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Go Back   Bluidkiti's Alcohol and Drug Addictions Recovery Help/Support Forums > Alcohol, Drugs and Other Addictions Recovery > Alcohol, Drugs and Other Addictions Recovery > Sponsors and Sponsees Help Forum

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Sponsors and Sponsees Help Forum This forum is to discuss any topics, questions or comments you have on sponsorship from How To Pick A Sponsor to When To Step Back and more.

 
 
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Old 10-19-2013, 07:31 AM   #1
bluidkiti
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Default Types of Sponsorship – The Sponsorship Umbrella

Types of Sponsorship – The Sponsorship Umbrella

Direct Sponsorship
Traditional Sponsor – A fellow traveler that’s willing to share experience, strength and hope in
helping the sponsee work his/her way through the steps, and to model the tools for coping with
life on life’s terms by working the program.

Temporary Sponsor – Serves as an interim Sponsor for a short time until a permanent one is
found or mutually agreed upon.

Multiple Sponsors – More than one sponsor to serve various needs of the sponsee. The sponsee
is cautioned against hiding out (avoiding truth and honesty) in the various relationships.

Co-Sponsors – Where 2 people are in agreement to sponsor each other. It is suggested that the
persons have the benefit of time and experience in the program in order to be of help to each
other.

Long Distance Sponsors – Communication via email, snail mail, telephone or tape recordings,
where distance or circumstance prevents person-to-person contact.


Indirect Sponsorship
Step Study Groups that meet regularly to work the steps together.

Support Writing and Discussion Groups that meet regularly to support and encourage each other
with working through issues.

Meetings also act as a role models in administering attraction not promotion. Attending
meetings where people enthusiastically carry out service positions and immediately volunteer to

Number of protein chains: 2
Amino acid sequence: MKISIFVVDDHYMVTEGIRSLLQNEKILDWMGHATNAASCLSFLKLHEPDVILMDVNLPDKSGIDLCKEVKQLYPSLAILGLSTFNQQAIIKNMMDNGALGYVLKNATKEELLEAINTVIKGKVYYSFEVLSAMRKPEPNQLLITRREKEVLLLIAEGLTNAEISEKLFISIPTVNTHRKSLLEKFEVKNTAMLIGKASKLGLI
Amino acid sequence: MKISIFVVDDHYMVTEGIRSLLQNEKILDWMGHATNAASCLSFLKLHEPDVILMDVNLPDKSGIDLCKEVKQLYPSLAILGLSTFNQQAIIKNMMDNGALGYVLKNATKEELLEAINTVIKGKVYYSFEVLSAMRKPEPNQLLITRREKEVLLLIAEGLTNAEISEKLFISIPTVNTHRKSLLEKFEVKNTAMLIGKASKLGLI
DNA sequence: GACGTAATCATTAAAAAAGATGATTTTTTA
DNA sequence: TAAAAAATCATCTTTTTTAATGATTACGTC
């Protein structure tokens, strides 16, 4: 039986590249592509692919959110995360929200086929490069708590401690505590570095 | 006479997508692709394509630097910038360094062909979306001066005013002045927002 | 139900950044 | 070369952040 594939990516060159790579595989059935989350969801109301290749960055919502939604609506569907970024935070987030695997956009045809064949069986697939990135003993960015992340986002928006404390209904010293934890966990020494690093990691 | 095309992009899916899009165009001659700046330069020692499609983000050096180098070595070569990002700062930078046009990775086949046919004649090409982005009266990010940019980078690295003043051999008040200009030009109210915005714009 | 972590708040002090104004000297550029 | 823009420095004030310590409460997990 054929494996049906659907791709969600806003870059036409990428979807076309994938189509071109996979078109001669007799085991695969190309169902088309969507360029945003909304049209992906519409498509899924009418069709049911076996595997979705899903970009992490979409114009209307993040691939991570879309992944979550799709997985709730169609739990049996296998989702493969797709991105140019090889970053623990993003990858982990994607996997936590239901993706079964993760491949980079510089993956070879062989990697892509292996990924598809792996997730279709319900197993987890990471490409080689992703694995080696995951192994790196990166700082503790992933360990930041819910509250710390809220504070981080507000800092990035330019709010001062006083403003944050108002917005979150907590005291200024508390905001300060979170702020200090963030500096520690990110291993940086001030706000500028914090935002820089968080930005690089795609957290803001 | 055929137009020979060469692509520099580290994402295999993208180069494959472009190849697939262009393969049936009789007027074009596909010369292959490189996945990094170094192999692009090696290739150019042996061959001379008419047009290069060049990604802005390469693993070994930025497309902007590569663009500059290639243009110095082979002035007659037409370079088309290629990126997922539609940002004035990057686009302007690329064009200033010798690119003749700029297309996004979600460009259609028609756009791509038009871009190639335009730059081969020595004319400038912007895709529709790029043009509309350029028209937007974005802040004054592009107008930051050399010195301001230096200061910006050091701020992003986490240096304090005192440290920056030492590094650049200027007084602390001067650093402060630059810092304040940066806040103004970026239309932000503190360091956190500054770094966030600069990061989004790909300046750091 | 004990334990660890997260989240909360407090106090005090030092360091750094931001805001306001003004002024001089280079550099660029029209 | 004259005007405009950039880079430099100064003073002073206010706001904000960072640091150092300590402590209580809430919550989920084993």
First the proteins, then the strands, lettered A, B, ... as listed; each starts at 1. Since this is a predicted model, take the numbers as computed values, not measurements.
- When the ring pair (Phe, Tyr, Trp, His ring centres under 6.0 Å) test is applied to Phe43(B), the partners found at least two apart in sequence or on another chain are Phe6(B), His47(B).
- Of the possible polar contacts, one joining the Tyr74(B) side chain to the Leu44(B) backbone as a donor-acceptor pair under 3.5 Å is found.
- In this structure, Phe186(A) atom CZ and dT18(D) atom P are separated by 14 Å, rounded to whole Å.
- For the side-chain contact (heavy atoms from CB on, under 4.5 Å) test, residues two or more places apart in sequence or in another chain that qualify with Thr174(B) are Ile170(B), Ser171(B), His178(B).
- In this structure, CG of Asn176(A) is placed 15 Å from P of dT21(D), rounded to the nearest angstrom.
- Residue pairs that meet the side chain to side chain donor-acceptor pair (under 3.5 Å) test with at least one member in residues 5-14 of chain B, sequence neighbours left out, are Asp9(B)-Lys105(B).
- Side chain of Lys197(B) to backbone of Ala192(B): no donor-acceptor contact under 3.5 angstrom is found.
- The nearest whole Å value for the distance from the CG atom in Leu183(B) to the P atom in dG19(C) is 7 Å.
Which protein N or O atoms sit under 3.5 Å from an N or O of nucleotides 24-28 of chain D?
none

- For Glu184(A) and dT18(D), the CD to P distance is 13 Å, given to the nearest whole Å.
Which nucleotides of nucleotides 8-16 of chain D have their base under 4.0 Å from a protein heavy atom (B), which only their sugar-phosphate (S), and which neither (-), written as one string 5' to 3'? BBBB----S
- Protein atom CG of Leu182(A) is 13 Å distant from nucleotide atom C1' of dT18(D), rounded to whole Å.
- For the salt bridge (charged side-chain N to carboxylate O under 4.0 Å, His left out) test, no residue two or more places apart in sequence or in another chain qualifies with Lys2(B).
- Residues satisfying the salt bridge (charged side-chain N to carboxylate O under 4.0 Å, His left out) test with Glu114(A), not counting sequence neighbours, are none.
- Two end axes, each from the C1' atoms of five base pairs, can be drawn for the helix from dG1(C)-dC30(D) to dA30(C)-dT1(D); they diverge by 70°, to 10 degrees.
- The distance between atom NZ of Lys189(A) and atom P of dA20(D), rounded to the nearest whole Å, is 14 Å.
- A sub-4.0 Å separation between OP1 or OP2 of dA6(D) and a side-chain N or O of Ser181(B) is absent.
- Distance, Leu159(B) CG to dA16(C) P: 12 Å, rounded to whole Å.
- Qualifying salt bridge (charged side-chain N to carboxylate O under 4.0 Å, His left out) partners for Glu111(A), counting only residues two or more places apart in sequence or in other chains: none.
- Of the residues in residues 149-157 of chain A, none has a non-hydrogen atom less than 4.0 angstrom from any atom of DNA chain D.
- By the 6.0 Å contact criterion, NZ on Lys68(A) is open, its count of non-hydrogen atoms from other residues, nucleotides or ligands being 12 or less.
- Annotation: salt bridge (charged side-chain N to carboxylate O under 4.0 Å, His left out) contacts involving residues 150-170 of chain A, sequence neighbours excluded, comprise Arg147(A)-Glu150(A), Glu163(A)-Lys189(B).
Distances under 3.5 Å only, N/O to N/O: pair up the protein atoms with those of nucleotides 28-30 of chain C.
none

do service, with “healthy family” purpose and contribution that probably wasn’t had or seen
growing up, can be a welcoming sight to new and old members alike.
Solution oriented meetings have an emphasis on stepwork, sponsorship, traditions, other program
tools, and, well-stocked literature table with a phone list. Persons available for Temporary
Sponsorship can make themselves known with a show of hands or by remark on the phone list.

Service Groups add to the trickle down effect of sponsorship influence.
Business Meetings &
Steering Committees
Event Committees
Intergroup Hospitals and Institutions What We Do As Sponsors

We accept and respect the huge responsibility of helping the fellow traveler along the road of
recovery and discovery during transitional times. We carry the message by living the program
and leading by example.

As sponsors we can:
•Continue to work our program by practicing the 12 Steps and 12 Traditions •Offer listening & understanding without judgment •Ask HP for strength and guidance with the relationship. •Admit we don’t know all the answers, and ask for help when we need it. •Use “I” statements. •Carry the message and not carry the sponsee. •Reserve judgment at all times, and encourages finding own strength. •Avoid being too firm, overprotective, controlling, manipulative, or otherwise
inappropriate. •Encourage learning about stinking thinking and other ways recovery is sabotaged. •Encourage the development of a working relationship with Higher Power. •Practice compassion, kindness, patience, and tolerance. •Exercise caution when dealing with delicate matters. •Support and encourage the building of character and confidence. •Dwell upon solution oriented living. •Ask and not assume to know what is going on. •Give without expecting something in return…no strings attached.

2What We Do As Sponsees

We begin to see that our ways with which we lived life were getting in our way. Although not
quite understanding the ways of the program, or all that it has to offer, we came to believe that
learning to live life as the program suggested will have positive changes and results.

Together we can learn:
•To work the 12 Steps, and learn to practice them in all our affairs. •To continually develop our relationship with our Higher Power through practicing faith
and letting go of fear. •To explore new options and ideas, which had not previously occurred to us. •To implement new and self-affirming life skills and let go of old ways. •How to ask for help and how to accept and use it. •How to take personal responsibility for our own life – without by playing the roles of